That Christmas Eve, Jaybird leaned on the porch rail, looking across Mississippi Delta cotton fields he had worked for seventy years. In moon-blanched stillness, the rich soil was taking its winter rest.
The old farmer had seen good and bad cotton harvests, but none like the one just finished. The rains had come, plenteous and timely. Summer’s days had been long, hot, and humid, and cotton’s green blood, chlorophyll, raced in a delirium of photosynthesis from sunlight to leaves to soil to fruit, loading the plants with bulging bolls that produced a yield to top all yields…
From inside the house, Jaybird heard children laughing as they huddled about the Christmas tree, jostling one gift after another, speculating about their contents. The fireplace roared, stockings were hung, and good smells wafted from the kitchen.
The house was packed — everyone was home for the holidays. Savoring this moment of peaceful solitude, the old plowman strolled to the barn to check on the livestock. With its tin roof and thick cypress siding, the old building was as snug and weatherproof as ever.
A rush of pride lifted his heart when he saw the great, heaping mound of warm, white cotton stored in the barn, yet to be ginned. Just the sight of it made him marvel again at the magnitude of the year’s bountiful harvest. Satisfied that all was well, he switched off the light, closed the gate, and turned toward home.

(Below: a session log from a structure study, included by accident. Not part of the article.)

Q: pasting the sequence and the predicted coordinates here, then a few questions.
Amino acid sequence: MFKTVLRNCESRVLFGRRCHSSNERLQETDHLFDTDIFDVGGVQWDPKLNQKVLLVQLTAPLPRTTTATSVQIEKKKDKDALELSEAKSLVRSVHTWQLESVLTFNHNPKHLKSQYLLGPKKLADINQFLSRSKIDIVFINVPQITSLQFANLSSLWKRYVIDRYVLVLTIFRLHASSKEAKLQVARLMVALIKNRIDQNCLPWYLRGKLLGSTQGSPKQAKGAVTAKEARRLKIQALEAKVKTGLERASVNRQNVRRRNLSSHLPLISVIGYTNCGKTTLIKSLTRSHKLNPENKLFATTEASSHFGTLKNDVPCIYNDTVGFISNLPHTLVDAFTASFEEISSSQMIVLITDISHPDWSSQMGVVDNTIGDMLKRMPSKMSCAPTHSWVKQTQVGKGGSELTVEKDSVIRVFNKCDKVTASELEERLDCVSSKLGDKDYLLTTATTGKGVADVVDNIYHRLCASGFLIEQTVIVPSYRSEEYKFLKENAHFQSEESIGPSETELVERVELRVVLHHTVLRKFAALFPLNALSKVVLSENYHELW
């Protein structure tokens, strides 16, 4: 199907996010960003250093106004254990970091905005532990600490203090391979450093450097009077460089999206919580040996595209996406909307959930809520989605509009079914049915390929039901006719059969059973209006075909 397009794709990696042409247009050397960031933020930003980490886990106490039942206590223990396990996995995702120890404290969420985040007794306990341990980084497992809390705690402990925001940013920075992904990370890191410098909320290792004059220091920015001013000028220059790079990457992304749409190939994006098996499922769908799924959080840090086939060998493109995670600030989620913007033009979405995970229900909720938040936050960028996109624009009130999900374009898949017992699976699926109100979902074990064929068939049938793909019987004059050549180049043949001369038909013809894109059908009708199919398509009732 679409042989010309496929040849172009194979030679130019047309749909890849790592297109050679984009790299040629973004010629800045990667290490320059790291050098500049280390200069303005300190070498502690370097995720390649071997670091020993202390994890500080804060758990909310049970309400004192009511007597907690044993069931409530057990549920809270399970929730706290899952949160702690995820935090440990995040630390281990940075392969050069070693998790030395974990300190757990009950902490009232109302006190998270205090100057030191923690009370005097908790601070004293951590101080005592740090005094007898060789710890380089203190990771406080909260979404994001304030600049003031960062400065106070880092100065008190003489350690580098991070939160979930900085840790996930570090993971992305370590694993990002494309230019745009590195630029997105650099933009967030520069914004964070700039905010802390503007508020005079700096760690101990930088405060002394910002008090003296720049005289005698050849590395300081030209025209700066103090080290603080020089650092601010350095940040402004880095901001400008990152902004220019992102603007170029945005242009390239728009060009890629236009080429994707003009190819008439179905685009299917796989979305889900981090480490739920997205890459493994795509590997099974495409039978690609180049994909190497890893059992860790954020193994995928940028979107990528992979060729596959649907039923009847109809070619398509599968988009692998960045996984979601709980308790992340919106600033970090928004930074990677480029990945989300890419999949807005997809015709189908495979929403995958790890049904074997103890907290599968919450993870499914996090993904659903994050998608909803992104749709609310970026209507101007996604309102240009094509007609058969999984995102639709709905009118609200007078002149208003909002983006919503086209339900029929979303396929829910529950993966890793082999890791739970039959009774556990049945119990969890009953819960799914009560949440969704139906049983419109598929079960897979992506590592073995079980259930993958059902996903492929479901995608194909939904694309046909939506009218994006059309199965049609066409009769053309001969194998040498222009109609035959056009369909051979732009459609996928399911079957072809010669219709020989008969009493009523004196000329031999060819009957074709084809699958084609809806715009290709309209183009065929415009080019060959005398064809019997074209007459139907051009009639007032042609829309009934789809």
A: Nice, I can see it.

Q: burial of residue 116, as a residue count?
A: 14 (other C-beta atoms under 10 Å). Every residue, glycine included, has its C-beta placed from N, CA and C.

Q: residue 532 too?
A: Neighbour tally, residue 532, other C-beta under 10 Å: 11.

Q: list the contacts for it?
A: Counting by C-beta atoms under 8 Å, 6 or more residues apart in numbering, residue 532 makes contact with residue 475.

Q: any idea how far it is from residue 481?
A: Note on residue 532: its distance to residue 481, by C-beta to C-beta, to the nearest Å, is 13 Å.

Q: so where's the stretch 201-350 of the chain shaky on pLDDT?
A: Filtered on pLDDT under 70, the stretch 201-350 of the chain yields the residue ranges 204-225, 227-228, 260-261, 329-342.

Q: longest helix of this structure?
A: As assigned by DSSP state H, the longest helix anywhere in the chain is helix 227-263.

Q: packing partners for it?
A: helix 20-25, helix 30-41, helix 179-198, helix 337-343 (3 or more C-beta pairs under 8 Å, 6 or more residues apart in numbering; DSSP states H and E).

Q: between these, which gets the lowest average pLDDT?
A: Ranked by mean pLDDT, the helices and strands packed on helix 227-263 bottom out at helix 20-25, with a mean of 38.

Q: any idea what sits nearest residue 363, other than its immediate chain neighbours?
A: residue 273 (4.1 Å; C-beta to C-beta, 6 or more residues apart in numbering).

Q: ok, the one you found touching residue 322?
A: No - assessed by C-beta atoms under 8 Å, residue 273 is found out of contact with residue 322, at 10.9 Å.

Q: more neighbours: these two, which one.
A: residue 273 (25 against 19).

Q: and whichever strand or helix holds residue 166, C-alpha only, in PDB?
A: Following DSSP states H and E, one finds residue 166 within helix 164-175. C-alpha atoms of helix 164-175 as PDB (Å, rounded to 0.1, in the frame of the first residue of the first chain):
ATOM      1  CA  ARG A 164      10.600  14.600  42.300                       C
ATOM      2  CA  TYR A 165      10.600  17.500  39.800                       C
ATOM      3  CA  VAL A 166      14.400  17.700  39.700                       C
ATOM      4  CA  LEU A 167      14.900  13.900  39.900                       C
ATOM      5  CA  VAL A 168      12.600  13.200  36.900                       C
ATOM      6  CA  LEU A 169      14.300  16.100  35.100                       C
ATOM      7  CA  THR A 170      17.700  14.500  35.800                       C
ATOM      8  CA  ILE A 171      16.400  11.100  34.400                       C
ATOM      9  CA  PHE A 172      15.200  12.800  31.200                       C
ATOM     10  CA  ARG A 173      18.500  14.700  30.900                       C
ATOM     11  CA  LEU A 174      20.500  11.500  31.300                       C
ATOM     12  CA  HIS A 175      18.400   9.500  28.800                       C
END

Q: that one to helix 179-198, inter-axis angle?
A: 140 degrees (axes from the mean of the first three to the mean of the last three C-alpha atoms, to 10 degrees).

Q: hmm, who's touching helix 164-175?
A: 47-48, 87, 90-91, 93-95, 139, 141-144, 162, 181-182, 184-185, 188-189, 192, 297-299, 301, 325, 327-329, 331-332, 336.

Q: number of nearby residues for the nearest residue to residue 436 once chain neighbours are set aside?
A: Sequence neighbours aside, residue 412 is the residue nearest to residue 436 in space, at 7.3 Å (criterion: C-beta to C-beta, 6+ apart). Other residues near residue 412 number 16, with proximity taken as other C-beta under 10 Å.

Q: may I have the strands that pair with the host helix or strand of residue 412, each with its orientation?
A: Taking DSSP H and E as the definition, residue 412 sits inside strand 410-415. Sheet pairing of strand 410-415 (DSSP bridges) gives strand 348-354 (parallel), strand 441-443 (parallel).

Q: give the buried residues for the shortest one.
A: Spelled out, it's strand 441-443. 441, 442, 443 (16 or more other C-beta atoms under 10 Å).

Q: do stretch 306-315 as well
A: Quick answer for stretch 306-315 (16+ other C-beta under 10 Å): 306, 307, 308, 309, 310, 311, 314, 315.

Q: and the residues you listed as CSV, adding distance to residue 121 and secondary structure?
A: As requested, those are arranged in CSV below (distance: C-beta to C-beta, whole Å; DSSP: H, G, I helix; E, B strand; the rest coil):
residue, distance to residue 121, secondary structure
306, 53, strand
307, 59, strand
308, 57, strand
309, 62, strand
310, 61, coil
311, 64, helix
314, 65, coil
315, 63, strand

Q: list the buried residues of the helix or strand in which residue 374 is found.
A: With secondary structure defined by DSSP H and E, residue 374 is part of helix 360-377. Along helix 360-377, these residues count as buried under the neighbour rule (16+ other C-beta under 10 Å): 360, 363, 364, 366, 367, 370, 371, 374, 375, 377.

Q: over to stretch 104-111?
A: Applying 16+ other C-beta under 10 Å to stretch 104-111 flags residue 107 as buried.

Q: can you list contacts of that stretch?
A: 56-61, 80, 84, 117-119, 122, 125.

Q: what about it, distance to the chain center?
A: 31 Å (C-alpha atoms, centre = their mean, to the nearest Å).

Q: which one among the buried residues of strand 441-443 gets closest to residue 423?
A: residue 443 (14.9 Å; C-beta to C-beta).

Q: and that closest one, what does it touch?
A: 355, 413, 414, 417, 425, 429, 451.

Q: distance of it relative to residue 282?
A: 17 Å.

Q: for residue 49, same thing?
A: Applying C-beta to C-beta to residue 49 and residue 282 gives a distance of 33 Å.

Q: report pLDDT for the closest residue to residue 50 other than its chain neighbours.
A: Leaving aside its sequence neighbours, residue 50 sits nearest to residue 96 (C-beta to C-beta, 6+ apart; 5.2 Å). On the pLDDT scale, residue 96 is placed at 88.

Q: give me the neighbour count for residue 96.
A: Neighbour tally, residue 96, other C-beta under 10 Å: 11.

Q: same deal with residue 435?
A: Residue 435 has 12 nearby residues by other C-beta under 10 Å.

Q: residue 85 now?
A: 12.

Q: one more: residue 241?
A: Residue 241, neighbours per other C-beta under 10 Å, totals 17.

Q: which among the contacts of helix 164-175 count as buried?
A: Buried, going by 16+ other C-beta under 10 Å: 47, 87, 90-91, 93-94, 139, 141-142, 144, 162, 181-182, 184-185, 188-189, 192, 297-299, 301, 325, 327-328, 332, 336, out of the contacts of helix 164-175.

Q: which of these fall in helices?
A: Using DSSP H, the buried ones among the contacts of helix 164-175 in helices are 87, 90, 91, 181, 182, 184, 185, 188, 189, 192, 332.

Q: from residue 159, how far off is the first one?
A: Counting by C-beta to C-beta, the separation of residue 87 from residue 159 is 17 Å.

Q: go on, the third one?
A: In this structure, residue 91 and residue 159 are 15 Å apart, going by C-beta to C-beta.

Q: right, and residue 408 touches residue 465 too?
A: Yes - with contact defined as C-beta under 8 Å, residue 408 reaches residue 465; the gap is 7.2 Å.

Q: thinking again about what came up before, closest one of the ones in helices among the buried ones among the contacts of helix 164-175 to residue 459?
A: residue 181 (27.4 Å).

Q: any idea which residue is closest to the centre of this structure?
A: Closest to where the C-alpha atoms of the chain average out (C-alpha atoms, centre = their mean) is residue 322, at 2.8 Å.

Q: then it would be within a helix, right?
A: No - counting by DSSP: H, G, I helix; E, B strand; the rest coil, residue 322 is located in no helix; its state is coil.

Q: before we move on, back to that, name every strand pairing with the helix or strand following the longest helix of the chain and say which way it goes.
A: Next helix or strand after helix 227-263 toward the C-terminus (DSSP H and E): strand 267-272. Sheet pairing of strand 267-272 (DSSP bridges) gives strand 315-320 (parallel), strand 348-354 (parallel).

In the cold, clear, frosty night, Jaybird looked up at a full moon, surrounded by Heaven’s infinite hosts — the stars of the Milky Way.
Then he stopped. That one big star … was it there last night? Had it always been there? Surely he would have noticed its glorious brightness, the way it seemed fixed above the ground on which he stood, the place he had always called home. He struggled to draw his eyes from the gleaming celestial light.
When Jaybird arrived home, he saw strangers on the porch, a young couple.
“Greetings, and Merry Christmas,” he said, noticing the woman’s bulging midsection. Her time was near. The man spoke.
“And Merry Christmas to you, Sir. Can you provide us shelter for just one night?”
“As you can see, the house is full, but there’s cotton stored in the barn, and with all those animals giving off warmth, you should be able to pass the night in reasonable comfort,” Jaybird answered.
Thanking him, the couple moved off into the dark. Jaybird’s grandchildren volunteered to take them food, blankets, and gifts — an example of true Christmas spirit at its best, their wise patriarch thought.
In bed that night, with his whole family under one roof, Jaybird couldn’t stop thinking of the strangers. Well before dawn, he dressed quietly and headed for the barn.
The wayfarers were gone, but they had left a note: “Thank you, from Mary, Joe, and our newborn son.”
Beneath their names appeared these words: Unto you is born this day a Savior.
Written by Jimmy Reed for and published by Canada Free Press ~ December 24, 2016.
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